“Outside of an immediate threat to life or limb, as in a prison race riot, a compelling government interest exists only when the government has imposed the racial classification as a remedy for past, identified discrimination in that jurisdiction and field (such as discrimination in the schools in a particular jurisdiction),” the brief said.

Kavanaugh, then a lawyer with the firm Kirkland & Ellis, was the counsel of record for the brief. But he had some distinguished help. Robert H. Bork, whose Supreme Court nomination under President Ronald Reagan went down to defeat in 1987, was one co-author. Another was Theodore W. Ullyot, then a young law firm associate of Kavanaugh’s who later went on to serve as general counsel of Facebook.

And the fourth author was Roger Clegg of the Center for Equal Opportunity, a Washington policy organization that frequently expresses views against affirmative action.

“As for how much of this brief was Brett’s work and how much was that of the other three authors, I do not recall,” Clegg said in an interview. “I can say that this is a case where the Center for Equal Opportunity would have had substantial input. We’re opposed to racial preferences in all areas.”

The challengers in the Rice case were represented by Theodore B. Olson, a future U.S. solicitor general, while John G. Roberts Jr., the future U.S. chief justice, argued for the state in defense of its voting classification.

Another amicus brief came from the Kamehameha Schools, the prestigious private school established to serve children of Hawaiian descent, which feared the implications a ruling against the restrictive voting policy might have for its own admissions policy. (The school’s policy was challenged on equal-protection grounds a few years later, but upheld by a federal appeals court.)

Citations in Later School Cases

In its 2000 decision in Rice, the high court held 7-2 that the state was using Hawaiian ancestry as “a proxy for race,” and that allowing only the state’s defined group of Hawaiians to vote in the trustee elections was an unconstitutional racial classification. Kennedy wrote the opinion for five members of the majority.

Language from Kennedy’s majority opinion in Rice would find its way into some of the court’s later decisions on race preferences in K-12 and higher education.

In 2007, in Parents Involved in Community Schools v. Seattle School District, the court invalidated two school districts’ voluntary race-conscious student assignment plans. Roberts wrote a plurality opinion that said there were “undeniable” costs to racial classifications. He quoted from decision in the Hawaiian voting case he had lost as an advocate.

“As the court explained in Rice ... , ‘one of the principal reasons race is treated as a forbidden classification is that it demeans the dignity and worth of a person to be judged by ancestry instead of by his or her own merit and essential qualities,’” Roberts wrote, quoting Kennedy’s opinion in the Hawaii case.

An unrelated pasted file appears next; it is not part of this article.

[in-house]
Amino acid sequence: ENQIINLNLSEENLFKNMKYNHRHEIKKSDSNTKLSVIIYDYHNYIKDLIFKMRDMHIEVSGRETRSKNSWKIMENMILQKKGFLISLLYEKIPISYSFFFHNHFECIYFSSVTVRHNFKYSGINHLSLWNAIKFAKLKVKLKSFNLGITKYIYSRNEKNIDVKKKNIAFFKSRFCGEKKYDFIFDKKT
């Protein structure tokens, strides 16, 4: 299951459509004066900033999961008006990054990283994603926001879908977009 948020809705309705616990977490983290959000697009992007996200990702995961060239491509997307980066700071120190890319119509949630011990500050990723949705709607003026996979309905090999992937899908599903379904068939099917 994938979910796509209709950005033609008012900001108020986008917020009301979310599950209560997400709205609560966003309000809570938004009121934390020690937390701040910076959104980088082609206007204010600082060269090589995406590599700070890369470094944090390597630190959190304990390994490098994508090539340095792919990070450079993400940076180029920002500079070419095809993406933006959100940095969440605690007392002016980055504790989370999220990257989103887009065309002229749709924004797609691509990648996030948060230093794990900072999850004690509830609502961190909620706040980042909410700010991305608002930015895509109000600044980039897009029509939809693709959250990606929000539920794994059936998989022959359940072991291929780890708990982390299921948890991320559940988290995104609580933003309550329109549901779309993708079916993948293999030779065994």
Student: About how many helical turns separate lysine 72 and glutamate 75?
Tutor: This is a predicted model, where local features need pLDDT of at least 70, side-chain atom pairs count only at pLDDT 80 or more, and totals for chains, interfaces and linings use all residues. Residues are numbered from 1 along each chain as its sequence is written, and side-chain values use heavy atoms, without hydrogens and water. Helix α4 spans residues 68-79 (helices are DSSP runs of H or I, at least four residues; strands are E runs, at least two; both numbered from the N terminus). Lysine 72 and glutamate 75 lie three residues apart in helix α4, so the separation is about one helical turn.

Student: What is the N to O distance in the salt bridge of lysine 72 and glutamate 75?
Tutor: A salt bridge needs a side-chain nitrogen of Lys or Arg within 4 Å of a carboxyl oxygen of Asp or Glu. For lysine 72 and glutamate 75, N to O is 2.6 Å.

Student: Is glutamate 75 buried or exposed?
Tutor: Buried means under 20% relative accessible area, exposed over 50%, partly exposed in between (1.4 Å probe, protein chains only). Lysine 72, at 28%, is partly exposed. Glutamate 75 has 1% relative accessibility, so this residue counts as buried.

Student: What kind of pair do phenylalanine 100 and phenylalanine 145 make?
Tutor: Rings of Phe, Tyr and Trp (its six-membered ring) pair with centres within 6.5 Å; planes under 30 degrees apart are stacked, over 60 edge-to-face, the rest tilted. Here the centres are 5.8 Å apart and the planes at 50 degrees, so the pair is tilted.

In 2016, in Fisher v. University of Texas at Austin (Fisher II), in which the court upheld (in an opinion by Kennedy) the university’s race-conscious admissions plan, Justice Samuel A. Alito Jr. wrote a vigorous dissent that quoted a passage from Kennedy’s opinion in Rice: “Given our constitutional commitment to ‘the doctrine of equality,’ ‘distinctions between citizens solely because of their ancestry are by their very nature odious to a free people.’”

The internal quotations in that passage are, as Kennedy acknowledged in his Rice opinion, from Hirabayashi v. United States, a 1943 decision which despite that lofty language upheld a curfew for people of Japanese ancestry living near designated military areas based on the wartime need to protect against espionage and sabotage. (The better-known decision in Korematsu v. United States, in 1944, upheld the internment of people of Japanese ancestry.)

Kennedy, when writing the opinion in Rice, probably did not need to rely on the briefs to find the “odious to a free people” passage from Hirabayashi. But both Olson, in the challengers’ brief, and Kavanaugh and his co-authors, in the CEO brief, made sure to point it out to the court.

Clegg, who supports Kavanaugh’s nomination, says the fact that Kavanaugh “was willing to write a brief with these arguments is a mark in his favor, but I don’t know how much can be concluded about his own views” on racial preferences.

It’s possible that more clues about Kavanaugh’s views on affirmative action will emerge.

In 2003, the Supreme Court considered race-conscious admissions plans at the University of Michigan, striking down a system awarding extra points for undergraduate applicants from underrepresented racial groups (in Gratz v. Bollinger) but upholding the law school’s consideration of race as part of an individualized review of each applicant (in Grutter v. Bollinger).

Kavanaugh was serving in the White House counsel’s office under President George W. Bush at a time when the Bush administration filed a brief that opposed both of the university’s admissions programs at issue. It’s possible Kavanaugh may have chimed in with views and advice in those cases, in which Bush took a special interest.

Senate Republicans and Democrats are still fighting over the scope of documents from Kavanaugh’s White House service that will be released as part of his confirmation process.

A version of this news article first appeared in The School Law Blog.